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This book traces the origins and evolution of the enmity between England and France over the four hundred years in which England was a continental European land power. The medieval claim to the throne of France was not formally abandoned by the British monarchy until 1802 and the so-called Hundred Years War between the two nations was never concluded by a peace treaty. The book argues that medieval and early modern England, like Britain today, was a two-faced polity: one face looked westward and northward towards its Celtic neighbours; the other faced eastward and southward towards continental Europe. Ultimately, from the reign of Edward III onwards, the French throne itself became the object of English ambitions and the book discusses the implications of Henry V's pursuit of that claim and its aftermath. It emphasizes the extent to which the story of Joan of Arc, for example, has become a myth which has contributed its share to the perpetuation of Anglo-French antipathy and estrangement.
The book also examines the emergence of English national identity and the part played by language in this process, as the English increasingly defined themselves against their French enemy.¿ But the common assumptions, behavioural patterns, and culture which bound the upper ranks of English and French society together throughout this period are also stressed.¿ The book ends with a discussion of the legacy left by this 'continentalist' phase of English history to the changed, but by no means totally transformed, world of early modern Europe.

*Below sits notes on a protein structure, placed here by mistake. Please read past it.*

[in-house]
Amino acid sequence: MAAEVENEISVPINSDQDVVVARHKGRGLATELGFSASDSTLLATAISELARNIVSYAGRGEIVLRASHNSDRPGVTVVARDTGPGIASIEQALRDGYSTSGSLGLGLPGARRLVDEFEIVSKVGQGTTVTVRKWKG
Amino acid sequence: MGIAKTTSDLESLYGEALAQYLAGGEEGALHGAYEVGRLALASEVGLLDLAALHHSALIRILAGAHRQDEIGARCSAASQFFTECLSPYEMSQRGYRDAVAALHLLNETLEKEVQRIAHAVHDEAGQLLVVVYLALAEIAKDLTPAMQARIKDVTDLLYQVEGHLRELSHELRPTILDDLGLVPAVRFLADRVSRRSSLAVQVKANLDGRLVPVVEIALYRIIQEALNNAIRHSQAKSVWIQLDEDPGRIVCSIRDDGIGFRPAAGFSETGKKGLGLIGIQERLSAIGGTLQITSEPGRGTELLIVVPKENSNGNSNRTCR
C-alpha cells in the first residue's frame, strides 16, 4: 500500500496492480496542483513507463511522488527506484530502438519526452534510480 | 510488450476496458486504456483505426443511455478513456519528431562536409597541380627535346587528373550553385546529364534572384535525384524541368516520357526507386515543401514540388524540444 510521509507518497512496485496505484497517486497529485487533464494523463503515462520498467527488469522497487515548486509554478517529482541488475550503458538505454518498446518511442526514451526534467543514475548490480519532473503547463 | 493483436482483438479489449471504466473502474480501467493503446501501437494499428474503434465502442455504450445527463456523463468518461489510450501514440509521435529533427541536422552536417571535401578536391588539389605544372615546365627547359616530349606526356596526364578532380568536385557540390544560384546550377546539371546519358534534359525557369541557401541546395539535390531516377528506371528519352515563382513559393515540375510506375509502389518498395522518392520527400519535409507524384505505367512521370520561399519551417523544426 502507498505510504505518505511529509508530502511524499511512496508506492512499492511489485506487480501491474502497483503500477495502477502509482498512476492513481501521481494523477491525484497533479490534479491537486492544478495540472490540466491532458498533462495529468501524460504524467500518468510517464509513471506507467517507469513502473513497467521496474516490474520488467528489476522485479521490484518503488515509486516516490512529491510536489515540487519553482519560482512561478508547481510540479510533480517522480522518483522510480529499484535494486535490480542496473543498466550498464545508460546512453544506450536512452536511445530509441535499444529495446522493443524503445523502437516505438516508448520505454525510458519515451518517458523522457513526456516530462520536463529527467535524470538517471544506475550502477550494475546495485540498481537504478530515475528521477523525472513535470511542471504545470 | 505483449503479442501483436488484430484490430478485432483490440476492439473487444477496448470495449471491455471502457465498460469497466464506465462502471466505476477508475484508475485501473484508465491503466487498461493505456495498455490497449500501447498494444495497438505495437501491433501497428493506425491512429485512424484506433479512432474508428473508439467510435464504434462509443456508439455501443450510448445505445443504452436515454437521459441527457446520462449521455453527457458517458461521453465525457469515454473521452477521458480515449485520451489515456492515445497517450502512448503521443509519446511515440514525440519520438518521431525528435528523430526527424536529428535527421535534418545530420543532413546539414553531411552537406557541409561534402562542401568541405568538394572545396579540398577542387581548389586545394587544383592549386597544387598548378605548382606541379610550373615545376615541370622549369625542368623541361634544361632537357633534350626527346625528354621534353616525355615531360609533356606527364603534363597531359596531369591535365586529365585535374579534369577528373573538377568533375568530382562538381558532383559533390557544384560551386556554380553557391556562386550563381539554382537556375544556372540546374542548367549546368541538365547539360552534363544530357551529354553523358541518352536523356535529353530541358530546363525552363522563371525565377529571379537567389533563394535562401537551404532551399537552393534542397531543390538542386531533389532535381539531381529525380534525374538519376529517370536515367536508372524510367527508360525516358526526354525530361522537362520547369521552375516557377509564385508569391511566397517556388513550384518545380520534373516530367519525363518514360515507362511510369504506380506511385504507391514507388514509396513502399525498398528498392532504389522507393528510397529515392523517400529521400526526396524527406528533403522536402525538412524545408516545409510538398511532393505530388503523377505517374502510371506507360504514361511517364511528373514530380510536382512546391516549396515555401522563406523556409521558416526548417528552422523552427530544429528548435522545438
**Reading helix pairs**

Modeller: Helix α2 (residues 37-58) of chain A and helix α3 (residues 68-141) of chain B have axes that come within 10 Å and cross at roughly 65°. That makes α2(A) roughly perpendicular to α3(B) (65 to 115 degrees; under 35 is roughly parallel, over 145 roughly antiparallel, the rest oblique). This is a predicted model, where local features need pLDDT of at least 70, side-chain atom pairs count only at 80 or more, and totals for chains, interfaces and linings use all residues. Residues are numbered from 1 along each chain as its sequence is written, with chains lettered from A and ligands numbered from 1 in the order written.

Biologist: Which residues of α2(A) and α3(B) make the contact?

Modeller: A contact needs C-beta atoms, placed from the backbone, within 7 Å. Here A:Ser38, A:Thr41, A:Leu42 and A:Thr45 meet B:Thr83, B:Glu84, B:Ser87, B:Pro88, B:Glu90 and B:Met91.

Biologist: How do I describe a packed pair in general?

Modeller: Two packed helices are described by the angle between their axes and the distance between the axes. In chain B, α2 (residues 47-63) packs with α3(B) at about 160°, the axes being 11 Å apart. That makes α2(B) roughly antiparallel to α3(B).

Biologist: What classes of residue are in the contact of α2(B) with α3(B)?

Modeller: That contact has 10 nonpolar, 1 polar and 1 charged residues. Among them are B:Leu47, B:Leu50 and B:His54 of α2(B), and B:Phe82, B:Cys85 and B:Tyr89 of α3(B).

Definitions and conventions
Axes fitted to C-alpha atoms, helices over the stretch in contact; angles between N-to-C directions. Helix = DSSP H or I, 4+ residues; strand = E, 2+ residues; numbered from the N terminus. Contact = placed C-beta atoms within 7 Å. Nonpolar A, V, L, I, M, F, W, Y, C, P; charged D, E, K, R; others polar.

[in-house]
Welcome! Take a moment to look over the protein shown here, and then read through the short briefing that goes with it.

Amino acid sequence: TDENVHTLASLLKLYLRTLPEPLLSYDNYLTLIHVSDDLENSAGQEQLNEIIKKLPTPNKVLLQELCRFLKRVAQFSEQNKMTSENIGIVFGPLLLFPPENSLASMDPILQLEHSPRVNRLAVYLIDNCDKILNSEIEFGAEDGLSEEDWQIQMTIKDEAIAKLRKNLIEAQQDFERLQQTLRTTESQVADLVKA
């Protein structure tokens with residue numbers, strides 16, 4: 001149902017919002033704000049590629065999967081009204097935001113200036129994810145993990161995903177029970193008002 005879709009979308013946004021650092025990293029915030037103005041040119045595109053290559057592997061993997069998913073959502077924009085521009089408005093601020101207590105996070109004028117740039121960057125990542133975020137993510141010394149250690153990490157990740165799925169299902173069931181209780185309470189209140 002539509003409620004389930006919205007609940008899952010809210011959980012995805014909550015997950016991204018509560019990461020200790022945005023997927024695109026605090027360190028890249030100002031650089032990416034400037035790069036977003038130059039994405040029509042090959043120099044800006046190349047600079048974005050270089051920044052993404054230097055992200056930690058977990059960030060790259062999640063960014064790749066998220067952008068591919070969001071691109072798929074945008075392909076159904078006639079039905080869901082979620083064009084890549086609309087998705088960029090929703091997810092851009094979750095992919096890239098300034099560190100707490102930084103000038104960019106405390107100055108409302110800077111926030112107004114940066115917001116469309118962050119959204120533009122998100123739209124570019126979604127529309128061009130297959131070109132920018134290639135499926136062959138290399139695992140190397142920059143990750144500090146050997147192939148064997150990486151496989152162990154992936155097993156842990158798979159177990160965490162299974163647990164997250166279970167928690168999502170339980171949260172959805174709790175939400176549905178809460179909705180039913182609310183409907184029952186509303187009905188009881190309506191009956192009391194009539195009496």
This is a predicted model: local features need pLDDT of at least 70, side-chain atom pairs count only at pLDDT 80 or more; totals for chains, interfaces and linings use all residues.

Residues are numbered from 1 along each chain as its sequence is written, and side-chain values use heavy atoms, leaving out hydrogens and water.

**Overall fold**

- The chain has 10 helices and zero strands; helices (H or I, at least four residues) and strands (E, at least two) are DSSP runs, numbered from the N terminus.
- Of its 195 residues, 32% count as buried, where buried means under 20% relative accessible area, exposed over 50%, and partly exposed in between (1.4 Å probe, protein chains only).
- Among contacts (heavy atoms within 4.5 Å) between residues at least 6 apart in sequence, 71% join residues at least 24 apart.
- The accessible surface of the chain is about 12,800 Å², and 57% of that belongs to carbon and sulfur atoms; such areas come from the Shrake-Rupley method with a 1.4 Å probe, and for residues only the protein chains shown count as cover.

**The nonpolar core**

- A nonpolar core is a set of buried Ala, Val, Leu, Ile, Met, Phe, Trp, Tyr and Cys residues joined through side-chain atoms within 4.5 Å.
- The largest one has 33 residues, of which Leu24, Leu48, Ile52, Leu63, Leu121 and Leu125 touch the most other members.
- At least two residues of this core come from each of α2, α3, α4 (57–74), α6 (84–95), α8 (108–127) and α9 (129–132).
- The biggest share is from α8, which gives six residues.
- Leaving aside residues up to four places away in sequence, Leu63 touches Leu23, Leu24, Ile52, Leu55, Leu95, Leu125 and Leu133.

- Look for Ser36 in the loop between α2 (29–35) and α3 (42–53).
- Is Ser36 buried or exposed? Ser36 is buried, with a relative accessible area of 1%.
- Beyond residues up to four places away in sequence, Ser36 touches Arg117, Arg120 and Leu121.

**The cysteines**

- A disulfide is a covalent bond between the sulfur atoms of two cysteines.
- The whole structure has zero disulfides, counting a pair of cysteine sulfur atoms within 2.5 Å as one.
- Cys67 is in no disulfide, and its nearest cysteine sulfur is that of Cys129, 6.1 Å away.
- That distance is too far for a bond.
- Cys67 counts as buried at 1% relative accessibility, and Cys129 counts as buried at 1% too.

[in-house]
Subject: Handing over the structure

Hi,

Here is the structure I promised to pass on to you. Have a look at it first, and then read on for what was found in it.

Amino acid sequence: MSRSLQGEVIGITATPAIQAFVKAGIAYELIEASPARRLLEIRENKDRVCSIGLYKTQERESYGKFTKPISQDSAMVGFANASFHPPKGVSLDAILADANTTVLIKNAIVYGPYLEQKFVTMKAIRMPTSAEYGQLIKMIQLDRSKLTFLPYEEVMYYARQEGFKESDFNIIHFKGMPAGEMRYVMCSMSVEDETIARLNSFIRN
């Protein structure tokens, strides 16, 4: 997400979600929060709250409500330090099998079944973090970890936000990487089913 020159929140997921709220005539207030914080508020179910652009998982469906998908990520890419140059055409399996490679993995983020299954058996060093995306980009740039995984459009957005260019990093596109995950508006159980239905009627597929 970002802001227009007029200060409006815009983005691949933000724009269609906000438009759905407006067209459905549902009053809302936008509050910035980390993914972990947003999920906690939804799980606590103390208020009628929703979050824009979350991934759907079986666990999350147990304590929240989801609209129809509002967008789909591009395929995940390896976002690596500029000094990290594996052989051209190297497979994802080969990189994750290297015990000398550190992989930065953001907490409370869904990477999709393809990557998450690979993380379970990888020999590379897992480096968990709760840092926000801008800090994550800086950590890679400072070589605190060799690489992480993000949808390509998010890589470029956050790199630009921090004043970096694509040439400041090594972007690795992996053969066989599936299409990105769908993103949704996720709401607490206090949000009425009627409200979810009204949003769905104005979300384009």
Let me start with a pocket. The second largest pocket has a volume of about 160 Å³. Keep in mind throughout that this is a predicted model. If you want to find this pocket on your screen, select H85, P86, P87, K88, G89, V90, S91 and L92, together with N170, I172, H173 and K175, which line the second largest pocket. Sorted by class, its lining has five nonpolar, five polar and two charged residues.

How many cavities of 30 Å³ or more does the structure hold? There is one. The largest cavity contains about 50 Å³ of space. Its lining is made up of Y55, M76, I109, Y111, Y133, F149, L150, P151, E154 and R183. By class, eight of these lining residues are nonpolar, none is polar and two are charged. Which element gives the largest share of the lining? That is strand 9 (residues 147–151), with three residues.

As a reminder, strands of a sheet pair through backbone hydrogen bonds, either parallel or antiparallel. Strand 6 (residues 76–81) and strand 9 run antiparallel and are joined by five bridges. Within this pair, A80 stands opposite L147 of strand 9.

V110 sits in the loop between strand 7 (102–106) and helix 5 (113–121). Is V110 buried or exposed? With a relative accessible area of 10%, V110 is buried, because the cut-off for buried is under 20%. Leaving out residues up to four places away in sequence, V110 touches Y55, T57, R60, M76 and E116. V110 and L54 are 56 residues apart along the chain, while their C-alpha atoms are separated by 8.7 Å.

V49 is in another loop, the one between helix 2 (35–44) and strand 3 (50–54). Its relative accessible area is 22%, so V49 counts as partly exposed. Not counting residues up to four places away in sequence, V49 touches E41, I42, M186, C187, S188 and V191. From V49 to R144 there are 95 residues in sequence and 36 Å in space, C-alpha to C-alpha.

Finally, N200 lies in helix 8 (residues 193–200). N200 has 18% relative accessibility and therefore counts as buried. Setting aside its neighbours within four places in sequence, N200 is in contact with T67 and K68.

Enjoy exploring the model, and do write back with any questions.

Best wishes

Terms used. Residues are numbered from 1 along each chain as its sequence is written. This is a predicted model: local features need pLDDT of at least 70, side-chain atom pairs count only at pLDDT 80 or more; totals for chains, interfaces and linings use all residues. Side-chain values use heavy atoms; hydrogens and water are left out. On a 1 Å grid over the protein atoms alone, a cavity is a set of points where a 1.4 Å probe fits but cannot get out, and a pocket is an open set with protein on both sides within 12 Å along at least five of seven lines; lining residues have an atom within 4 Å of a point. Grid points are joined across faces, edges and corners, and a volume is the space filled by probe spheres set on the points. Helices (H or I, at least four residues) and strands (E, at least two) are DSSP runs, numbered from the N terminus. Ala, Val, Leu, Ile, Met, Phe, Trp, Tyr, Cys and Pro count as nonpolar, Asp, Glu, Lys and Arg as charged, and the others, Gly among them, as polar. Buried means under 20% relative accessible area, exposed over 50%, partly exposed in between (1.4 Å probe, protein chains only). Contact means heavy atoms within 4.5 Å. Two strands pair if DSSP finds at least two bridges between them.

Table of contents
1. England and its Neighbours
2. The Angevin Empire and the Kingdom of France
3. Aquitaine and the French Wars
4. Allies, Mediators and the French Enemy
5. English Identity: Language and Culture
6. The Legend of Joan of Arc
7. The Fall of Lancastrian France
8. Tudor Ambitions and the War with France
9. The Aftermath
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Published by Continuum (May 2nd 2009) - Copyright © 2009